The biggest void left by Justin Miller’s departure is in the return game. Even the youngest of Clemson fans may live their entire lives without seeing another like him playing for the home team. Chansi Stuckey and C.J. Gaddis are the two vying to replace him, but anyone that believes that either of those two can do as good of a job is living in a fantasy world.
Jad Dean returns as the kickoff and field goal specialist. He did a wonderful job in 2004 with his kickoffs and fought through early struggles to finish the 12-of-15 on field goals. Leg strength has never been a problem; it’s his consistency that needs a little work.
Cole Chason continued his trend of improving as the season progressed. He’s doesn’t have the strongest leg around and struggles at times with his consistency, but he’s not the type of guy that’s going to lose the field position battle for you.
Replacing Geoff Rigsby is going to be a task that very few have given thought, but it’s a challenge that the coaches will tell you is as important as any. Unfortunately, many fans remember him for his mistakes against Duke and Georgia Tech. What they fail to realize is he was as reliable as any long snapper in the country during his career, which means Nic Riddle has a very big pair of shoes to fill.
As for A&M, they have one of the top kickers in the country in Todd Pegram. He was 12-of-13 last year while nailing his first 12 attempts, but he did miss 5 extra points. After Pegram there are a lot of question marks. Their punter is a red shirt freshman and their return units were some of the worst in the country. They averaged just over 15 yards per kickoff return and ranked 97th in punt returns.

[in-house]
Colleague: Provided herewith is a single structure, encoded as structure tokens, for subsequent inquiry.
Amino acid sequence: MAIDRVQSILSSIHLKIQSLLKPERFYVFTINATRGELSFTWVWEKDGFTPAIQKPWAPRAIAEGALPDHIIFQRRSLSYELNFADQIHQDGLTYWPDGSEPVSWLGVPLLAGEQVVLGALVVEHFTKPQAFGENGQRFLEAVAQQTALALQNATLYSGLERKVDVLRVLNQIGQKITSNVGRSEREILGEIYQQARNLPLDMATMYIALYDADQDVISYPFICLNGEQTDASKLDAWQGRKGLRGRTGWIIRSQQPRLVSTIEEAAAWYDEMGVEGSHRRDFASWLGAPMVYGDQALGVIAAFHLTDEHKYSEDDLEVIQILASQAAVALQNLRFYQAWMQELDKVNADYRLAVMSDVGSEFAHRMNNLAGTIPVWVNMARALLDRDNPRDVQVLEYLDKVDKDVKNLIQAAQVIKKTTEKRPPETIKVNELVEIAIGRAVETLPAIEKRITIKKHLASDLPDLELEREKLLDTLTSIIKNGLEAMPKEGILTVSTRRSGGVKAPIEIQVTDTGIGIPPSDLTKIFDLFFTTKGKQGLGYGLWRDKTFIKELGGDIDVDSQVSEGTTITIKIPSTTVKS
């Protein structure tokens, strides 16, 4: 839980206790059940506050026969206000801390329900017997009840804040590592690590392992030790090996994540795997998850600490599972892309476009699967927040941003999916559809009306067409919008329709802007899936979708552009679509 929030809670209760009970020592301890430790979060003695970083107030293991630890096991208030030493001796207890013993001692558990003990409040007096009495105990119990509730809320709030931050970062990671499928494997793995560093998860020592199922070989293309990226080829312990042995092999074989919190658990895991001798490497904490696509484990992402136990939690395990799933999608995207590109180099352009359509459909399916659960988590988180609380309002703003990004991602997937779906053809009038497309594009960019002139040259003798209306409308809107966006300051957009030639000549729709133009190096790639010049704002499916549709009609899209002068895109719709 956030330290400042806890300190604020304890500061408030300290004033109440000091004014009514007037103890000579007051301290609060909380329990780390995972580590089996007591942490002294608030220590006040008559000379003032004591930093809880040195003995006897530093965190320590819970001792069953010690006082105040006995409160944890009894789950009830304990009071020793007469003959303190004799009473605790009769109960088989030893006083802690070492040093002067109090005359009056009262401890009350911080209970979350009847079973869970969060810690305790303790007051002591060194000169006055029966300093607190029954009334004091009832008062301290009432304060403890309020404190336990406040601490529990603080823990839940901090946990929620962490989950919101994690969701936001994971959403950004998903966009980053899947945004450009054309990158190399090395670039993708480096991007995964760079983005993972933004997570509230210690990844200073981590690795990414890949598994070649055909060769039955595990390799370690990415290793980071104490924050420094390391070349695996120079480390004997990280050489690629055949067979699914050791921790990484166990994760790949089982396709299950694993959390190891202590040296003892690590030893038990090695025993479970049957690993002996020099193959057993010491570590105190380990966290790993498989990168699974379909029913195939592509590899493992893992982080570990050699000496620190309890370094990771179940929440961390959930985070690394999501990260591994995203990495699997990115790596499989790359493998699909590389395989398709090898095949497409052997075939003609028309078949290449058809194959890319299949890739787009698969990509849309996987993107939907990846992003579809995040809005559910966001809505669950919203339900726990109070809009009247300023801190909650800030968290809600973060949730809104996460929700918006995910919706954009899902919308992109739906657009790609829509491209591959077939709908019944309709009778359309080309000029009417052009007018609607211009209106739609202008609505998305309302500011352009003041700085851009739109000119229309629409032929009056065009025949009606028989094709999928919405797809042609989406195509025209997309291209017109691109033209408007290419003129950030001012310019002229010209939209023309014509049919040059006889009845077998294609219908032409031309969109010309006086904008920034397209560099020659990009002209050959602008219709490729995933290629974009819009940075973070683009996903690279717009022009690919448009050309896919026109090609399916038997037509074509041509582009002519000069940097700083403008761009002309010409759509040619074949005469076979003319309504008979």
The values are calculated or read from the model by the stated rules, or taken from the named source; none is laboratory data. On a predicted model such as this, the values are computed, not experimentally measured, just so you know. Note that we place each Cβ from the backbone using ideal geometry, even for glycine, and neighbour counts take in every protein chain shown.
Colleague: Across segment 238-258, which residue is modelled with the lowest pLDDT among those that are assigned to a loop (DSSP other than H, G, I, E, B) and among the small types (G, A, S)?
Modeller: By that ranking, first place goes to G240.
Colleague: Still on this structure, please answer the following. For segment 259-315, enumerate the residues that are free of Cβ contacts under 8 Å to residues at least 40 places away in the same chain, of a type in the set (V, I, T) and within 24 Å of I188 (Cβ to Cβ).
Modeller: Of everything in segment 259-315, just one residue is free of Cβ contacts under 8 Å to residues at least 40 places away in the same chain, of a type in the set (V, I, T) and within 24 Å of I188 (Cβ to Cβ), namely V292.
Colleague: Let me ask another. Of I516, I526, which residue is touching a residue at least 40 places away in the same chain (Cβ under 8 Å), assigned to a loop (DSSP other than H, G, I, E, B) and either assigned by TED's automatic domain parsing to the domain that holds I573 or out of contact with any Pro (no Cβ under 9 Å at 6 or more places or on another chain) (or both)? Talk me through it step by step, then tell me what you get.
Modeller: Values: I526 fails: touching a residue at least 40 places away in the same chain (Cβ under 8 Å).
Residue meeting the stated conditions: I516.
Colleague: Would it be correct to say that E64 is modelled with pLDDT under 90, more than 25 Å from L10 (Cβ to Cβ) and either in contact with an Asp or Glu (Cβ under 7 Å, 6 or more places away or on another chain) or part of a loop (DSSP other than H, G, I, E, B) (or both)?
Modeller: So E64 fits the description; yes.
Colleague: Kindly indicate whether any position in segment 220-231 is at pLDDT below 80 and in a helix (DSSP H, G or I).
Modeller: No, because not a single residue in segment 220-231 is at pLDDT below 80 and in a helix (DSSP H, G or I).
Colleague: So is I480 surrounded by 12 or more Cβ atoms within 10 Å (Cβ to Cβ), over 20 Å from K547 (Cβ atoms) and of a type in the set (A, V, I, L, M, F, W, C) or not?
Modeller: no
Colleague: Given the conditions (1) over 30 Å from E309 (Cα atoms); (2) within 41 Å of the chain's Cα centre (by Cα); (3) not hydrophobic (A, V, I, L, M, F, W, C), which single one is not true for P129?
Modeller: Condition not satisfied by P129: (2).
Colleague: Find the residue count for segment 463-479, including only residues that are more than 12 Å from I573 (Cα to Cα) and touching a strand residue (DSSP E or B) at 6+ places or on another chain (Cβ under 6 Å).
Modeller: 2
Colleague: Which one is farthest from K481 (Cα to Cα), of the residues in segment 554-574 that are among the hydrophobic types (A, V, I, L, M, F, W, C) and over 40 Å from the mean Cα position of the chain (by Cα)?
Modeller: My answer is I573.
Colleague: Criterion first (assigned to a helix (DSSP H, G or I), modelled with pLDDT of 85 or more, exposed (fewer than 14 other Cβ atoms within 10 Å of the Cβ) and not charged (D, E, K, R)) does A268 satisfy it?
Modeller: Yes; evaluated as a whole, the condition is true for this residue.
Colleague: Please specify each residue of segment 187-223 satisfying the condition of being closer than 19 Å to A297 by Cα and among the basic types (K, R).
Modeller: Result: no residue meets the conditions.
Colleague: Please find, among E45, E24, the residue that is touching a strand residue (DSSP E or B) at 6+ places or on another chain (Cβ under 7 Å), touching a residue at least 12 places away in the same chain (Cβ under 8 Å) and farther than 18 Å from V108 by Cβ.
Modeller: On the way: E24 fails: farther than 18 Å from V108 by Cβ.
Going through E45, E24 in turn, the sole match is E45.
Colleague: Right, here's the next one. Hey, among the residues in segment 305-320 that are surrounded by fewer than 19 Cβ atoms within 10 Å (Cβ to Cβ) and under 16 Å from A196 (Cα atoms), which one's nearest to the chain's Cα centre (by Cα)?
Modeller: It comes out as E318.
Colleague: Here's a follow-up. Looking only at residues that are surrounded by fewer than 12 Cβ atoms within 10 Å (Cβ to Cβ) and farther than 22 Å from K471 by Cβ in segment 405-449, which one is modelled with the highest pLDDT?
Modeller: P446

Clemson’s coverage units have been very successful over the last two seasons while their counterparts for the Aggies weren’t anything to get excited about last year. This could play a big factor if the game is close.
This game is one big question mark. From new starters to new coordinators, no one really knows what to expect from the Tigers. Texas A&M has fewer questions from a personnel standpoint, but how they utilize that personnel could be could be a mystery for at least one Clemson coach – Vic Koenning.
The A&M staff visited with Florida coach Urban Meyer during the off season in hopes of finding more ways to take advantage of McNeil’s athleticism through the use at least some of the principles of the spread option attack. Meyer, considered the spread option guru, has stated that McNeil is the perfect QB for such a system.
Stopping an offense that totally decimated them last year is a tough enough task as is. Now they have to do it by preparing for a few new wrinkles. The good thing is Koenning has had some success against mobile QBs in the past. He faced Missouri and its star QB, Brad Smith, last year and found a way to eek out a surprise victory. Smith is the only man other than Woody Dantzler to surpass the 2000/1000 barrier, yet his numbers that night weren’t overly impressive (25-of-46 for 224 yds., 2 INTs, 0 TDs and 15 rushes for 36 yards).
Despite the key personnel losses, coaching changes, home field advantage, and all of the other factors that may or may not be a deciding factor in this game, the outcome essentially comes down to how well Clemson can perform on both sides of the line of scrimmage. They were abused by the Aggies last year, which was the biggest factor in the final score.
It seems the fronts have been the storyline entering the past few seasons. The difference this year is there finally is some depth on the offensive line and more athleticism on the defensive line. The players have also adjusted and bought into the new systems, which goes to show that shaking up a staff can sometimes be a good thing even if there is an existing comfort level.
Be it senior leadership, the changes brought about by the new staff members, or any of a number of other intangibles, something tells me this team is going to fare much better this time around. Texas A&M is a very good team that will make its share of big plays Saturday night but Clemson will somehow find a way to make a statement in an opener for the first time in years. The Tigers win 35-31.